Innovators Guide



Podiatrist Job Outlook

Employment is expected to increase about as fast as average. Job prospects should be good.

Employment change. Employment of podiatrists is expected to increase by 9 percent from 2008 to 2018, about as fast as the average for all occupations. More people will turn to podiatrists for foot care because of the rising number of injuries sustained by a more active and increasingly older population. Also, demand for podiatrists will increase because of the rising number of Americans who are diagnosed with diabetes and who are severely overweight. People with diabetes have circulatory problems that create the need for them to seek the aid of podiatrists; persons who experience rapid weight gain may have intense pressure on the foot and ankle, and therefore need the services of podiatrists.

Medicare and most private health insurance programs cover acute medical and surgical foot services, as well as diagnostic x rays and leg braces. Details of such coverage vary among plans. However, routine foot care, including the removal of corns and calluses, is not usually covered unless the patient has a systemic condition that has resulted in severe circulatory problems or areas of desensitization in the legs or feet. Like dental services, podiatric care is often discretionary and, therefore, more dependent on disposable income than some other medical services.

Employment of podiatrists would grow even faster were it not for continued emphasis on controlling the costs of specialty healthcare. Insurers will balance the cost of sending patients to podiatrists against the cost and availability of substitute practitioners, such as physicians, chiropractors, and physical therapists.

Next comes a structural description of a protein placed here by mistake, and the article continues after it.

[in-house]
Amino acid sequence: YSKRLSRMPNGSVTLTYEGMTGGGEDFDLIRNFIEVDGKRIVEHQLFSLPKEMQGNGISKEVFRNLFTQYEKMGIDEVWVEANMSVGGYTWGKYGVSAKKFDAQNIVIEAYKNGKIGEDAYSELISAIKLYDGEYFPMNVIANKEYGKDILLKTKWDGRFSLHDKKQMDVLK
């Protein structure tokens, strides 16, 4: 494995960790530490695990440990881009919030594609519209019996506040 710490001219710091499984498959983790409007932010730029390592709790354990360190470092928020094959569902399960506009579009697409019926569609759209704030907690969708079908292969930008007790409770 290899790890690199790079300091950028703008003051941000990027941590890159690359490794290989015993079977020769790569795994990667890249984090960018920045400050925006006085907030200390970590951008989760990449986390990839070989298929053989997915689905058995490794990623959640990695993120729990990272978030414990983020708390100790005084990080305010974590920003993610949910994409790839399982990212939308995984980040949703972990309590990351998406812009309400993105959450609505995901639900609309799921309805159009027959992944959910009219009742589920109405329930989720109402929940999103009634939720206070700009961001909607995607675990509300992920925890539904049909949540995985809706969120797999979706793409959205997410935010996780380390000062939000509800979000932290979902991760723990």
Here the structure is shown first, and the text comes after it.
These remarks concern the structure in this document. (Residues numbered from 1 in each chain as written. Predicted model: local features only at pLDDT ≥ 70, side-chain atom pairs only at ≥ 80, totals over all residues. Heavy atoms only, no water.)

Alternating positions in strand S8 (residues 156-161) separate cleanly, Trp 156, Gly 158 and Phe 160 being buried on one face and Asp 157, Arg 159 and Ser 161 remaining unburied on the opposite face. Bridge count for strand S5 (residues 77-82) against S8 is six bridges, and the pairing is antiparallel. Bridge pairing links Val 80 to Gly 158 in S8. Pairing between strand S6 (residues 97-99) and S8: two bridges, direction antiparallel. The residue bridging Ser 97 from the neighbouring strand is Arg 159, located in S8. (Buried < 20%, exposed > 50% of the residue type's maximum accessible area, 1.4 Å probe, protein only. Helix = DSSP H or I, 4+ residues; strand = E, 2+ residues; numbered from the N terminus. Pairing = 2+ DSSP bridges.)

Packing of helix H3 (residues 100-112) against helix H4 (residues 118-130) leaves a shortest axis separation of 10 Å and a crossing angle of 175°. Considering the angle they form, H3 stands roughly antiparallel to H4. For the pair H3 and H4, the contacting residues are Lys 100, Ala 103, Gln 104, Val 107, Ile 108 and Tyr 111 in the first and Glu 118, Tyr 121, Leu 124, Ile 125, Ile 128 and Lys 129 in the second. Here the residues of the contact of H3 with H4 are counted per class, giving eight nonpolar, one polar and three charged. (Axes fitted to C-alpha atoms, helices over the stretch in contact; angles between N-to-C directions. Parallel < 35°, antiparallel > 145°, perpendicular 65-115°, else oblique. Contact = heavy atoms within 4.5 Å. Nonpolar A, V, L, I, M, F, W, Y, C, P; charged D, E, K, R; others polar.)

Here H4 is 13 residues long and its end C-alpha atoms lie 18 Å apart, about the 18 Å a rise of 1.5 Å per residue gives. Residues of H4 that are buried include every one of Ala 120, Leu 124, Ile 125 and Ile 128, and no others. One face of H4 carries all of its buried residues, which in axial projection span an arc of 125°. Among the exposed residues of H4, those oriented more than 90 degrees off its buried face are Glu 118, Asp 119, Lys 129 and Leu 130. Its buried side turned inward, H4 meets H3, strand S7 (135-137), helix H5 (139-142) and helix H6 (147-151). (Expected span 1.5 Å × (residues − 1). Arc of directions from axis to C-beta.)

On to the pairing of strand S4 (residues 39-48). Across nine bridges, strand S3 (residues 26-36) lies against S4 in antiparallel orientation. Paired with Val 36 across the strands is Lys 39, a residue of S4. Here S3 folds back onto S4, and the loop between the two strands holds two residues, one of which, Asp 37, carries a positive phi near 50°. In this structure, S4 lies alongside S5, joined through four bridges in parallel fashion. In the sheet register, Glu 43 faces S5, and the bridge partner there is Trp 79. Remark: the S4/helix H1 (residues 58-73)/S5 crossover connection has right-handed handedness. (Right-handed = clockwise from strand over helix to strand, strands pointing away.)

Job prospects. Although the occupation is small and most podiatrists continue to practice until retirement, job opportunities should be good for entry-level graduates of accredited podiatric medicine programs. Job growth, coupled with the need to replace podiatrists who stop practicing, should create enough job openings for the supply of new podiatric medicine graduates. Opportunities will be better for board-certified podiatrists because many managed-care organizations require board certification. Newly trained podiatrists will find more opportunities in group medical practices, clinics, and health networks than in traditional solo practices. Establishing a practice will be most difficult in the areas surrounding colleges of podiatric medicine, where podiatrists concentrate.

Source:  Bureau of Labor Statistics, U.S. Department of Labor, Occupational Outlook Handbook, 2010-11 Edition

Find related resources below:



Podiatrist Employment
Podiatrist Training
Podiatrist Job Outlook
Podiatrist Income

 

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